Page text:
Cold Iron Truth

Time for dermatologists in nine states to start submitting CPT code 99024


The Centers for Medicare & Medicaid Services survey period is upon us, and it’s time for dermatologists in nine test states to act.

In my April column, I discussed the CMS survey, which is intended to gather data on when follow-up visits for surgical procedures take place. Reporting started July 1st and will continue for several months, at least, possibly for a year.

Photo of a female doctor sitting at her desk review information on a tablet. Thinkstock
Providers in the nine test states (Florida, Kentucky, Louisiana, Nevada, New Jersey, North Dakota, Ohio, Oregon, and Rhode Island) are being asked to submit CPT code 99024 for each postoperative visit. As I pointed out in my column, “we are facing the elimination of the global payment periods again, and if we don’t bill the proper CPT code (99024) for our follow-up visits during an upcoming survey period, it will indeed be a challenge for the specialty.”

All of you in these nine test states recently received a two-page letter from CMS telling you that, if you are in a practice with fewer than 10 dermatologists, you don’t have to report. That’s correct – you don’t have to – but is not reporting in the best interest of dermatology? I contend it is not; you can and must report!

Simply put, you need to generate and append code 99024 to your claims whenever possible. The 99024 code is a “no charge” code that informs CMS you did some follow-up work, either in person or on the phone.

That’s right, generate a 99024 after every visit when you or your staff do not bill for an evaluation and management code – and whenever you, or your physician assistant, nurse practitioner, nurse, medical assistant, or receptionist even speak to a patient on the phone. Yes, phone contacts count for a 99024.

So, when you or a member of your staff call back biopsy or lab results after a procedure, or call to schedule or change a postop appointment, speak to a relative, give instructions to the visiting nurse, or provide reassurance after a procedure, you or your staff member should generate a very brief note in the chart, plug in the working diagnosis, put that 99024 in there, and make sure the billing company posts it. Some of your billing systems may require that a physician finalize the receptionist note or that you charge a penny to get the software to cooperate, but you should still put in 99024.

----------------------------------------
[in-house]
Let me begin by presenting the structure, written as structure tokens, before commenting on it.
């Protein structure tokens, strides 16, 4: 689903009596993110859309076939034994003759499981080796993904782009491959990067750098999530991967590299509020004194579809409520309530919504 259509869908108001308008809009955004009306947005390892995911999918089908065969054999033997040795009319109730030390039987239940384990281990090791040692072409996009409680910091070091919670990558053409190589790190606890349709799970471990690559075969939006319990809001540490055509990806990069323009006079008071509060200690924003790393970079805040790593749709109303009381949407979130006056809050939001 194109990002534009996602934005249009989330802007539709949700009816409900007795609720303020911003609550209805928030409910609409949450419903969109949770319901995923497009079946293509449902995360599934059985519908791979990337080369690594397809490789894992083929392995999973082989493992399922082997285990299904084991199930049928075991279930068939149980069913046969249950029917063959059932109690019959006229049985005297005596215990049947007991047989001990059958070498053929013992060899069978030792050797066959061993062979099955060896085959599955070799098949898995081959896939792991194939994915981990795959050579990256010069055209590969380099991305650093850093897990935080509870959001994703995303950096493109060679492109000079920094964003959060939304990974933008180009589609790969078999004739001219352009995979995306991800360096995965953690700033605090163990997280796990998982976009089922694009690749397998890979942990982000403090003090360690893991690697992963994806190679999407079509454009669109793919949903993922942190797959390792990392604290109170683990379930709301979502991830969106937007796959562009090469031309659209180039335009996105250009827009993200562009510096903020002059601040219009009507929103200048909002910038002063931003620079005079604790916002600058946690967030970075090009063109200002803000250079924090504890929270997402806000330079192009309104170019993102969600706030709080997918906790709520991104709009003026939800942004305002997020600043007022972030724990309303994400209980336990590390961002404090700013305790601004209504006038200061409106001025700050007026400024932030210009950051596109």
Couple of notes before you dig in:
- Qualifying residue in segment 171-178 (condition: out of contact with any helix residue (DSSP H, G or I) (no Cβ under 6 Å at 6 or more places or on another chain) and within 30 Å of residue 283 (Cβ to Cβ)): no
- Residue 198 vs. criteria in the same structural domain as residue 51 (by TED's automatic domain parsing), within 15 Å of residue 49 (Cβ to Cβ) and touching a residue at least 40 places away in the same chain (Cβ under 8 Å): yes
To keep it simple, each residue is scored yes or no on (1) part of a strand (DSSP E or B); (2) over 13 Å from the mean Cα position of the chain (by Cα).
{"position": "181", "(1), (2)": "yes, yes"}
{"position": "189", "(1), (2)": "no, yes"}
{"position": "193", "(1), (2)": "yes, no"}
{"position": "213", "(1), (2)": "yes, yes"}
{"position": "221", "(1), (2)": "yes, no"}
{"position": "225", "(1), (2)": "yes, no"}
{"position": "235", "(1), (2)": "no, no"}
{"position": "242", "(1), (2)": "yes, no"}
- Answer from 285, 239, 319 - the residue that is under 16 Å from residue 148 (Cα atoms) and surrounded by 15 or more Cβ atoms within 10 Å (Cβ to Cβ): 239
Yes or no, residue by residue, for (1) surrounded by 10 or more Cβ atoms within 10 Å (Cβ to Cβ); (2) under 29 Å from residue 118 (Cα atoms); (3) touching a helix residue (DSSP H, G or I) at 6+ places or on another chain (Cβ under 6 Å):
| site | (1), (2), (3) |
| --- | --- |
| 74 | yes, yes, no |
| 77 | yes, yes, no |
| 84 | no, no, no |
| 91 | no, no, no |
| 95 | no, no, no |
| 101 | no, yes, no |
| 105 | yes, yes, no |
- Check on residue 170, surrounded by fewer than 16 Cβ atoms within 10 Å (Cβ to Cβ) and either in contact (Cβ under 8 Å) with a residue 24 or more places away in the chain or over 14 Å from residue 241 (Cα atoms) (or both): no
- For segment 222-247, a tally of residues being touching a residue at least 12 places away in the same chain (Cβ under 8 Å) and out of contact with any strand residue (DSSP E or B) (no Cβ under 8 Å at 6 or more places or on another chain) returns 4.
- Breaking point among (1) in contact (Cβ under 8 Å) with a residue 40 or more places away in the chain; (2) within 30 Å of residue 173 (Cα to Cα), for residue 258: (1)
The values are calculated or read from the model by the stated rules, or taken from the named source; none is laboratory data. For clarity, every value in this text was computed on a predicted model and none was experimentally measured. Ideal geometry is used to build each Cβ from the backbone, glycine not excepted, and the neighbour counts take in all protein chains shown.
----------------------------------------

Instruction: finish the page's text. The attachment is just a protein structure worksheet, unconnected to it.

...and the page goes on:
(And I tell you what, I am personally good to cover all the 1-cent charges that get generated and you don’t want to write off. Just have the patients send the bill to good ole “Hotsteel” here in Cincinnati!)

Some of you may say, “Hey, a skin biopsy is a 0-day global, so why report a follow-up? Here’s why. How often do you do a skin biopsy using a shave code, or without freezing an actinic keratosis? Reporting the 99024 when you call back with the biopsy results correctly documents the actinic keratosis and shave-embedded follow-up visit, so you should do it.

When you see that patient back to remove her sutures after an excision, submit the 99024.

When you see him to inject a hypertrophic scar from an electrodessication, submit the 99024.

Dr. Brett M. Coldiron

Dr. Brett M. Coldiron

When you see her back to tell her it looks good or to change the bandage, submit the 99024.

I know we see our patients at follow-up visits and communicate with them by phone – sometimes for years after a procedure, at no charge. I hope to see hundreds of thousands of 99024 codes generated from small groups and solo dermatologists. You need to make sure these services are acknowledged and that dermatologists get credit when credit is due. The future of our specialty depends on your doing so.

Dr. Coldiron is in private practice but maintains a clinical assistant professorship at the University of Cincinnati. He cares for patients, teaches medical students and residents, and has several active clinical research projects. Dr. Coldiron is the author of more than 80 scientific letters, papers, and several book chapters, and he speaks frequently on a variety of topics. He is a past president of the American Academy of Dermatology. Write to him at [email protected].

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